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In March, I participated on a panel on open scholarship at Virginia Commonwealth University. I was invited because of my use of blogging to make academic knowledge more accessible, and being fairly visible as a scholar on social media in general. In my presentation, I introduced the concept of intellectual activism and spoke about the risks associated with such work, particularly for marginalized scholars. You can see the text from my talk below.
Open Scholarship as Intellectual Activism
Progress has been made toward making academic research, knowledge, and resources accessible to the broader public. This is a great cause. It is certainly a matter of justice and equality. Ironically, a number of scholars – particularly those from marginalized communities themselves (women, people of color, LGBT people) – cannot or are hesitant to participate in the move toward open access. However, many scholars, particularly marginalized scholars, participate in a different form of open scholarship: intellectual activism. My primary aim is to introduce what intellectual activism is, what it looks like, and some of the benefits and risks of this kind of open scholarship.
“Professors, We Need You!”
I want to start by sharing an op-ed by Nicholas Kristof in the New York Times, entitled “Professors, We Need You!” Kristof argues that scholars are irrelevant, or at least not as relevant as we should be, to important national debates, policy-making, etc. Academic disciplines have become too specialized. Some are too left-leaning.
A basic challenge is that Ph.D. programs have fostered a culture that glorifies arcane unintelligibility while disdaining impact and audience. This culture of exclusivity is then transmitted to the next generation through the publish-or-perish tenure process. Rebels are too often crushed or driven away.
I think that he raises an important concern, albeit supported by some problematic claims. But, his characterization of scholars’ efforts to engage the broader public fails to give us enough credit.
There is evidence of open scholarship on each of the three major tasks of every academic’s career: research, teaching, service. The primary meaning of open access is to making published articles freely accessible to the general public, most likely online. Some progress has been made on this front. There have recent developments in my own discipline, Sociology, including the creation of Sociological Science, an independent open-access journal, and a new open access journal that the American Sociological Association will soon launch.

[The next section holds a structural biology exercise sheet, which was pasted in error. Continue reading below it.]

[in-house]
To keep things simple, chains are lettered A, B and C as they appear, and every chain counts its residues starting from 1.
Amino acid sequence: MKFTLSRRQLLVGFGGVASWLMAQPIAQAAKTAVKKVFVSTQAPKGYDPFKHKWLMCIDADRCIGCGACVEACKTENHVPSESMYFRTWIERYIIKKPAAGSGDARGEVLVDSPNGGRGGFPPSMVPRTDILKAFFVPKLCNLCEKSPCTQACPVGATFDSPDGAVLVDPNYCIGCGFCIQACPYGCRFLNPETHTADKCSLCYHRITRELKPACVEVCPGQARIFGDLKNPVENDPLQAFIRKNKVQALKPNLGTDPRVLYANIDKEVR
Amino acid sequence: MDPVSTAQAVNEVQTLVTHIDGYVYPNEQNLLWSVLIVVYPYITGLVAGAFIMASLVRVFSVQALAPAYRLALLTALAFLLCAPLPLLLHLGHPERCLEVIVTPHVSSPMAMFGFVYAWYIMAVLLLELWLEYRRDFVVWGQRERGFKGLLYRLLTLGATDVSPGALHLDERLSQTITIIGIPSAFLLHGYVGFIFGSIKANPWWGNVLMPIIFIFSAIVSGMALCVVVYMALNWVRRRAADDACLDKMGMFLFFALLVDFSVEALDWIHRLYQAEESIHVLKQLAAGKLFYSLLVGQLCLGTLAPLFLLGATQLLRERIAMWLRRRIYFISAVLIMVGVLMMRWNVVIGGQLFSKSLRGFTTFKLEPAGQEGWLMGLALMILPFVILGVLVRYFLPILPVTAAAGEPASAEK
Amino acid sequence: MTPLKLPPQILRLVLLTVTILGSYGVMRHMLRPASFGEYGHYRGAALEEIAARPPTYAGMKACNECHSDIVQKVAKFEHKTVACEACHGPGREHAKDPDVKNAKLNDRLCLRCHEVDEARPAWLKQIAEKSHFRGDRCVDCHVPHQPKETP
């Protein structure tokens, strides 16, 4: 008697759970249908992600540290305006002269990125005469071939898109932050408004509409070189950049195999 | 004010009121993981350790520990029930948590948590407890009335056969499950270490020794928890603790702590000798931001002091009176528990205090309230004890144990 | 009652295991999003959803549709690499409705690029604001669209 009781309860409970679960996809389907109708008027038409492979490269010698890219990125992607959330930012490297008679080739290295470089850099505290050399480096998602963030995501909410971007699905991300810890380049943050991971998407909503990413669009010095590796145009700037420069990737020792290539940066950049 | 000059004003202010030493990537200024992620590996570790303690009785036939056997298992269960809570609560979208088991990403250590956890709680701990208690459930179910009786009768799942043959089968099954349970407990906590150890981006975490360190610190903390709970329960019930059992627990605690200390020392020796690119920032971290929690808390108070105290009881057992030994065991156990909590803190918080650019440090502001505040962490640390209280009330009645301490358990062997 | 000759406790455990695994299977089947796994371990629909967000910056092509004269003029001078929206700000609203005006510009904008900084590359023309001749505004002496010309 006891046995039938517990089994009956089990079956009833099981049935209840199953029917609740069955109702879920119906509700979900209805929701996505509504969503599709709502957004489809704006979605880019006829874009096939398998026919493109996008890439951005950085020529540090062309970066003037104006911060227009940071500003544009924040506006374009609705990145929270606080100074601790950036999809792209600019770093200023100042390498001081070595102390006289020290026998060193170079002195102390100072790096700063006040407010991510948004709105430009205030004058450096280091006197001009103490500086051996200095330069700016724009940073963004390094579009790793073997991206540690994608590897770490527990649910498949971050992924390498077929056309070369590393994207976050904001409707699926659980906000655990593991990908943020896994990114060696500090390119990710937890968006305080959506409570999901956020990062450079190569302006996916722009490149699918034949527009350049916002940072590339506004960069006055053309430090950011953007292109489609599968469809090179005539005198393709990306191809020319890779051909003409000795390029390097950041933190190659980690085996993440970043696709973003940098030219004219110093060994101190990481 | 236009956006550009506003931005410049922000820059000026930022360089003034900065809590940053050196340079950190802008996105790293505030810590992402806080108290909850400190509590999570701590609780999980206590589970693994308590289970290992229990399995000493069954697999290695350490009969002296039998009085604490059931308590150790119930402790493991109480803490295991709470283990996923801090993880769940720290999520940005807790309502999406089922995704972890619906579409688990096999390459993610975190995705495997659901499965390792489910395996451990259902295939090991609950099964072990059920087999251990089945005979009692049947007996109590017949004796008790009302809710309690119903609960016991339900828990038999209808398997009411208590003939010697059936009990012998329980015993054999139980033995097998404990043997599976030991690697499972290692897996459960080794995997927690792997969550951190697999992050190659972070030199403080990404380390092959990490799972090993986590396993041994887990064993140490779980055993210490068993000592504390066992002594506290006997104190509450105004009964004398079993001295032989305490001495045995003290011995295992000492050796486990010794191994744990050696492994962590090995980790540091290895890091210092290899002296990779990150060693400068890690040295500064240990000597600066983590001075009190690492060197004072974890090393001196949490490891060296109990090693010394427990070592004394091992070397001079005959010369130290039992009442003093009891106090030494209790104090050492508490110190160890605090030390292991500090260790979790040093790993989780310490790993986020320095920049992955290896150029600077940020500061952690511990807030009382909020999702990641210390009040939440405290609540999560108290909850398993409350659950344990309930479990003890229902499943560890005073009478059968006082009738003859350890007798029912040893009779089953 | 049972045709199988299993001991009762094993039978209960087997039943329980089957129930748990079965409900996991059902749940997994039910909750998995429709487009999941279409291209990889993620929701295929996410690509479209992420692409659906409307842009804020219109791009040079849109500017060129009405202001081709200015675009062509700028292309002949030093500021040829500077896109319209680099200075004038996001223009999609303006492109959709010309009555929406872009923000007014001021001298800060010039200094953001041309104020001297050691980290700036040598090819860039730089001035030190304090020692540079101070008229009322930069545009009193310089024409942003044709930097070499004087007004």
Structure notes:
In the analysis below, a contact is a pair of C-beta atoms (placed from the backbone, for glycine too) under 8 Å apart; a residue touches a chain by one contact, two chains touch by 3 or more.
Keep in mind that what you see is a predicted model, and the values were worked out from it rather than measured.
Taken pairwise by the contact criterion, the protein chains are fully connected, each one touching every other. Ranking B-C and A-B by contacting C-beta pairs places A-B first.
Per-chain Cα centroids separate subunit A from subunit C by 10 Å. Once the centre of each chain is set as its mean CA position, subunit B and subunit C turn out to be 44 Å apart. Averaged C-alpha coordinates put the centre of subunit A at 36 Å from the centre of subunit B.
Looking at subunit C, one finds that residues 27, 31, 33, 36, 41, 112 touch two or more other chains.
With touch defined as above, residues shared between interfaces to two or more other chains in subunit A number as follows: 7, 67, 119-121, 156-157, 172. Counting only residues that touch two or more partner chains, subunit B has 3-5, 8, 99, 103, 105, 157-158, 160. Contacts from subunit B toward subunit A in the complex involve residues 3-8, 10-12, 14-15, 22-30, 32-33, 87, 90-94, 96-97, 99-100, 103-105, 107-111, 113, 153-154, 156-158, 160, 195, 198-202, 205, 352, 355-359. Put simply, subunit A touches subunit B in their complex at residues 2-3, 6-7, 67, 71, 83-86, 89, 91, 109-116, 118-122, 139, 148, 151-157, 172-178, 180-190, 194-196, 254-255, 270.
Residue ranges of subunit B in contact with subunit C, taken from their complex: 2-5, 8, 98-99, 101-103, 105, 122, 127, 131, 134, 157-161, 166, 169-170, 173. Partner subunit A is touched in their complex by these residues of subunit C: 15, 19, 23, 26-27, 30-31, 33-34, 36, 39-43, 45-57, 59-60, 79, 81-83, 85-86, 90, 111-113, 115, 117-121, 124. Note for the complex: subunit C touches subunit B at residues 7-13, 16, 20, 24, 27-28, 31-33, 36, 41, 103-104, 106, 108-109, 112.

One weakness of this approach is that open access does not necessarily translate into accessibility. As Kristof pointed out, there is a great deal of academic writing that cannot be understood by most people outside of academia, possibly scholars’ own discipline, or even their subdiscipline. I share each new publication with my parents – keeping up the practice since I was finger-painting in kindergarten. Some articles they understand, and can either comment or ask questions, and to others they just smile and say “good job.” In the latter case, I am sure they haven’t a clue what the article is about. My point here is that even passing out free copies of the latest issue of American Sociological Review, the top journal in my field, would do little to advance open access.
On the teaching side of open access, there are a number of scholars who advance open scholarship as a means of educating the broader public. This may be actually explaining one’s research in understandable language, rather than simply making one’s publications available. Others, for example, maintain blogs through which they explain difficult academic concepts and theories in accessible terminology.
I blogged for the Kinsey Institute for five years, as a graduate student at Indiana University. The site offers short, accessible posts on sexual health and the latest research on sex and sexuality. There are other scholars who maintain blogs that serve almost as an introductory course, in the form of blogs. But, often connect to current events to keep the content relevant.
In addition to blogging, a number of scholars use Twitter, sometimes using a hashtag (e.g., #SaturdaySchool) to advance accessible teaching. Using #SaturdaySchool, several scholars will decide on a topic to discuss, and, essentially as a conversation, you have multiple perspectives on one issue. Again, the issue remains regarding who can afford to pursue these efforts. Many of these sites are maintained either by tenured professors, or professors at liberal arts institutions where such work may hold greater value – maybe as teaching, but most likely as a form of service.